Don’t marry the person you think you can live with; marry only the individual you think you can’t live without. – James Dobson
Second marriages are significantly more likely to stand the test of time, according to a recent article in the Daily Mail.
As someone who regularly deals with married couples in a clinical counselling setting, that doesn’t surprise me at all. There are a number of reasons why second marriages tend to work out more often, but I’ve identified three of the most common:
1. Experience Gained in the First Marriage
It goes without saying, but you have to be married and divorced once before you can be eligible to have a “second marriage.” And that entire ordeal often provides invaluable experience that you can use and apply to a second marriage scenario.
During a first marriage, many people learn things about themselves and their preferences in a partner that they weren’t aware of before being married.
These lessons (and, more often than not, mistakes) can help you make better decisions when committing to a second marriage.
2. A Desire to Get It Right the Second Time Around
Again, this might seem obvious, but there’s nothing more motivating than getting older and feeling like you need to “get it right” this time around.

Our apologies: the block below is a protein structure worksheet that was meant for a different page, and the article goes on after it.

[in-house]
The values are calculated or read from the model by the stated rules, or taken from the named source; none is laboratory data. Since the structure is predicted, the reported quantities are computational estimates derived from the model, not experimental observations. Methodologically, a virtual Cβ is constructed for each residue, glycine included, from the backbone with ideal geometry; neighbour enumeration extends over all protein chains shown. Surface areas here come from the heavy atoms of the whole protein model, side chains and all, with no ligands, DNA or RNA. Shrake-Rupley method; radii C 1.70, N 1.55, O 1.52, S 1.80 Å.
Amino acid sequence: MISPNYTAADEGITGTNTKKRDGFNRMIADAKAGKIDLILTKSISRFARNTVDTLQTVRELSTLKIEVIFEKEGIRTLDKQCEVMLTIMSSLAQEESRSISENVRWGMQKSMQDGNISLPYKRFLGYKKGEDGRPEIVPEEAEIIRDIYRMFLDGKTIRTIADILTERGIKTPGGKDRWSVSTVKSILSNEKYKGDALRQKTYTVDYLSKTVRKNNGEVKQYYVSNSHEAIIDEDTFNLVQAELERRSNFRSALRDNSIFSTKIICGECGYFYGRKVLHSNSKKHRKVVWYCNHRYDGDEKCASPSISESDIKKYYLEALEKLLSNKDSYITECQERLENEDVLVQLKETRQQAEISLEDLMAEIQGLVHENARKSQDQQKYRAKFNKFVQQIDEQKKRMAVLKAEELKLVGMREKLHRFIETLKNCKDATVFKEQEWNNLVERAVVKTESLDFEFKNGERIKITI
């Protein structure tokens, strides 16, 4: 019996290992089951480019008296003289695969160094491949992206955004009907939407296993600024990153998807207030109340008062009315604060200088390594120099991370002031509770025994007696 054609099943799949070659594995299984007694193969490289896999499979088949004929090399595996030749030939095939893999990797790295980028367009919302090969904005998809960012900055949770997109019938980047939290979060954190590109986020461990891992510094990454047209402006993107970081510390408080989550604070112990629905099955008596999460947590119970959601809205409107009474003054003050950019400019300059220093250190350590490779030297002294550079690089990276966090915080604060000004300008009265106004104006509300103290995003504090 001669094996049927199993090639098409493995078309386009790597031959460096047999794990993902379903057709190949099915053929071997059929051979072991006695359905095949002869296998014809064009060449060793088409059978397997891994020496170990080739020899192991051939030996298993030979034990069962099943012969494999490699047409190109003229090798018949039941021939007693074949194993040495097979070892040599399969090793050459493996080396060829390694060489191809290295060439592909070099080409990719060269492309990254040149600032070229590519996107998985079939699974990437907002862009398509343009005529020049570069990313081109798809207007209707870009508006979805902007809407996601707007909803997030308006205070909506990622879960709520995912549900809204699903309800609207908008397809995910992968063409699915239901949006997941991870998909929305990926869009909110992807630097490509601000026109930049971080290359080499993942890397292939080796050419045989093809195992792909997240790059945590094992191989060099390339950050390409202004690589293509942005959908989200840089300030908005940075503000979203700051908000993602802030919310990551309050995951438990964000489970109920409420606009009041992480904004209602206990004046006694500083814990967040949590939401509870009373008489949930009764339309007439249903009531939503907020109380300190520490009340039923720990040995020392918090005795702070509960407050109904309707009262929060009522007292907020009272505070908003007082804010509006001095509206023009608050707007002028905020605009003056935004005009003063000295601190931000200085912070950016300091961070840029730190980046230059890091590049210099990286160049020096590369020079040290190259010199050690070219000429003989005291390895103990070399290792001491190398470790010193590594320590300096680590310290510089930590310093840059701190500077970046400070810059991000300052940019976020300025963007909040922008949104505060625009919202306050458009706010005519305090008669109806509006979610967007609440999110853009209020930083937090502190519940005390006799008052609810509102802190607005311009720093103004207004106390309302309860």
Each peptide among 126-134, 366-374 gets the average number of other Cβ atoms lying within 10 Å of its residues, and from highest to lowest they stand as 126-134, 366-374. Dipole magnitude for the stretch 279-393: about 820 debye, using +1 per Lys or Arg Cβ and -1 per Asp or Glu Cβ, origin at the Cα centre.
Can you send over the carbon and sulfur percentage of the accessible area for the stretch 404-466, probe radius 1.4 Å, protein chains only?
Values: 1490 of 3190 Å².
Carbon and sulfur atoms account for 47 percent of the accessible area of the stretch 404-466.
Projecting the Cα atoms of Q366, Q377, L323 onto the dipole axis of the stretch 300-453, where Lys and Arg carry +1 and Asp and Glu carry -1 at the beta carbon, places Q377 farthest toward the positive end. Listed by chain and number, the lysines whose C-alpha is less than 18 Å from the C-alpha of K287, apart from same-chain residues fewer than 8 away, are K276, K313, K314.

Having already failed at marriage once, most people tend to have a “do it right” mentality when it comes to re-marrying. Not only does the experience of the first marriage give useful insight and experience, it also provides a life lesson about what it’s like when marriage fails.
And that can be a motivating factor when it comes to finding a partner that will allow a happy and long-lasting second marriage.
3. Less Pressure
First marriages can sometimes become somewhat “rushed” because one or both of the involved parties feels a need to settle down and begin a family before they get “too old.”
This can often pressure people into making rushed decisions or leaping into marriage before they’re fully ready. When it comes to second marriages, there are no guarantees that you’ll feel any less pressure, but more often than not, there is less of a “time-sensitive” approach to marriage, and more time to consider whether you’re both right for one another and ready for a lifelong commitment.
There’s nothing overtly glamorous about a second marriage, because it means that your first try at “true love” ended in heartbreak.
But, at the same time, people who have recently experienced divorce shouldn’t stress about whether or not they’ll ever find love again.
Once you do find love for a second time, it’s more likely to last than the first time around.